Play Live Radio
Next Up:
0:00 0:00
Available On Air Stations
Support NHPR's local journalism that brings clarity, context, and community!

N.H. Senate Approves Bill To Add New Requirements To Absentee Voting

The 2020 general election is November 3. A sign that says "vote" in capital letters sits in a yard.
Britta Greene for NHPR

Republicans in the New Hampshire Senate voted to advance a bill Thursday that would add new identification requirements to the state’s absentee balloting process, over the objections of disability rights advocates and others who warned it would create unnecessary burdens on voters who cannot easily obtain the necessary documentation.

The original bill required voters to obtain a photocopy of their drivers’ license or other forms of identification when returning an absentee ballot. The latest version of the bill, passed along party lines Thursday, instead alters the ID requirements for requesting an absentee ballot. It also allows voters to provide the last four digits of their Social Security number or another form of identification deemed acceptable by their local clerk.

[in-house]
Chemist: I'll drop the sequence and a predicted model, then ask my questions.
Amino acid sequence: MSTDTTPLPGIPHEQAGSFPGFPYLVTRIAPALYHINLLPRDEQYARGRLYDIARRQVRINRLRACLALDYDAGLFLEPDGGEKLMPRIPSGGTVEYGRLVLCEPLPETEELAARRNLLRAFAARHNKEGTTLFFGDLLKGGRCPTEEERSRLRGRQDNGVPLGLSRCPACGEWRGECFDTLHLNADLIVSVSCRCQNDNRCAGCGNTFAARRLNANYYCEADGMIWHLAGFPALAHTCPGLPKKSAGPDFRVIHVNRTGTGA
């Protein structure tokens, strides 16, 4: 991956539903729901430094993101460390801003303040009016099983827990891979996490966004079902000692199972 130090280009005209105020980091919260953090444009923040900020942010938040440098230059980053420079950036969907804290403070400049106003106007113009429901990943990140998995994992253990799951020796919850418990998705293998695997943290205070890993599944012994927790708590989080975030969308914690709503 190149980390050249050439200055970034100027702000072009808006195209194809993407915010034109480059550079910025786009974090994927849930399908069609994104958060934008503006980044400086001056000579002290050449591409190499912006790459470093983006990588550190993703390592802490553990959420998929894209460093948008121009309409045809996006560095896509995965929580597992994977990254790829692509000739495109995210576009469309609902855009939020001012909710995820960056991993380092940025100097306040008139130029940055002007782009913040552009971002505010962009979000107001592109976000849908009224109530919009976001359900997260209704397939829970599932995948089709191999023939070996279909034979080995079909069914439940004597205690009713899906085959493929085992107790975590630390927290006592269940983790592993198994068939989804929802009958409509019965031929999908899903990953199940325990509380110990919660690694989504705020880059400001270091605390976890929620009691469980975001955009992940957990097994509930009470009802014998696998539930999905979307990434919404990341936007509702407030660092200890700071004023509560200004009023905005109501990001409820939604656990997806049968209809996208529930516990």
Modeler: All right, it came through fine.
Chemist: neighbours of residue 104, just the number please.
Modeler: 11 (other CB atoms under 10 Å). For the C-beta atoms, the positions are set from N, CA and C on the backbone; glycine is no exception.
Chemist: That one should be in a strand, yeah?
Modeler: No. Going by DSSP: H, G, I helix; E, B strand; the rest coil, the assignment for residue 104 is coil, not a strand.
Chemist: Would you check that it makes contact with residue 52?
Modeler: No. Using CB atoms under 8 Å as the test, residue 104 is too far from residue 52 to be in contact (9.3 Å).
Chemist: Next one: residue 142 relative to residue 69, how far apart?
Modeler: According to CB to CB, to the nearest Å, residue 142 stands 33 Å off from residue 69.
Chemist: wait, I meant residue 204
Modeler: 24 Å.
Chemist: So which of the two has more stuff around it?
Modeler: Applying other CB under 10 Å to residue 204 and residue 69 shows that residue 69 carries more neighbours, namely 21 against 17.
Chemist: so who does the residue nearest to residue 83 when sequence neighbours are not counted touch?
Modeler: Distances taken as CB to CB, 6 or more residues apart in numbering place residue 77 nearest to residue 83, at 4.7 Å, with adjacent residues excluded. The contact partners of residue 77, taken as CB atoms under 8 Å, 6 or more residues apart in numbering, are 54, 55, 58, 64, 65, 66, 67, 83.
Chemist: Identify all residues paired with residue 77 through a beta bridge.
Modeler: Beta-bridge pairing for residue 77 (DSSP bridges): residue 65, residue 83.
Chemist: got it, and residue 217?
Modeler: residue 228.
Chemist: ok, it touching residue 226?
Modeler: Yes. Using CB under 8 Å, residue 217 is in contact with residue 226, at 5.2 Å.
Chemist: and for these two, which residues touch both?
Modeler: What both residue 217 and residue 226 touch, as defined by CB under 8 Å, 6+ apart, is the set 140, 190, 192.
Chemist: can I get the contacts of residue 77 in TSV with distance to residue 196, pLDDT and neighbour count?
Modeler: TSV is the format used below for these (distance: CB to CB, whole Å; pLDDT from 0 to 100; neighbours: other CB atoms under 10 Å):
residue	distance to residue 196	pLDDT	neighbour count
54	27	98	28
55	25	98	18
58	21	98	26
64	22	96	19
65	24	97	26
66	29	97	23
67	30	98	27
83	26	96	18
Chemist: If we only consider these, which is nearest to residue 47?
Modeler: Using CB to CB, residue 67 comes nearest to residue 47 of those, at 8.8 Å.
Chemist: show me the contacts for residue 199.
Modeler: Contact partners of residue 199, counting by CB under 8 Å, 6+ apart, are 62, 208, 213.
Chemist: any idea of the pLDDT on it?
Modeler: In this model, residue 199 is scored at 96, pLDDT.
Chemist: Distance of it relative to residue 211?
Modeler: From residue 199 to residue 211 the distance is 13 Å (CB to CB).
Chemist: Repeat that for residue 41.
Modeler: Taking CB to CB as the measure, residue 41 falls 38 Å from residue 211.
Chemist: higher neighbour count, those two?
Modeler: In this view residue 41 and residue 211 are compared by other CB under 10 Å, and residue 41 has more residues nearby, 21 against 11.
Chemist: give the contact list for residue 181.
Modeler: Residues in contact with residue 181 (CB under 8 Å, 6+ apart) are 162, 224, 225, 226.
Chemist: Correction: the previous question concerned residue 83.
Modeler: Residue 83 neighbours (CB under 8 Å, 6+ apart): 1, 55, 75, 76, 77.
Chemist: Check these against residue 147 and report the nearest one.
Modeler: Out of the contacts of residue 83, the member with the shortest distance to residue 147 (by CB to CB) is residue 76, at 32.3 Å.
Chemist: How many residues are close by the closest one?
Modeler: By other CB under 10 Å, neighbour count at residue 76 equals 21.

Sen. Jim Gray, in a statement applauding the bill’s passage, said the measure would benefit election officials.

“It will protect the security of New Hampshire elections because it gives city and town clerks the ability to confirm the identity of all absentee voters,” Gray said. “In the last election, many clerks were apprehensive in processing absentee ballots due to the large number that they received.”

However, during the public hearing on an earlier version of the bill, the only two local election officials who testified warned that the bill would create additional work and could disenfranchise voters. 

Senate Democrats called the bill unnecessary and said it would make it harder for eligible voters to cast ballots, particularly the elderly and people with disabilities.

Manchester Sen. Lou D'Allesandro told colleagues they should focus on lifting barriers to participation.

"This bill doesn't do anything to promote that,” he said. “This bill is an impediment."

The bill now moves to the Republican-led House.

Josh has worked at NHPR since 2000.
Casey is a Senior News Editor for NHPR. You can contact her with questions or feedback at
Related Content

You make NHPR possible.

NHPR is nonprofit and independent. We rely on readers like you to support the local, national, and international coverage on this website. Your support makes this news available to everyone.

Give today. A monthly donation of $5 makes a real difference.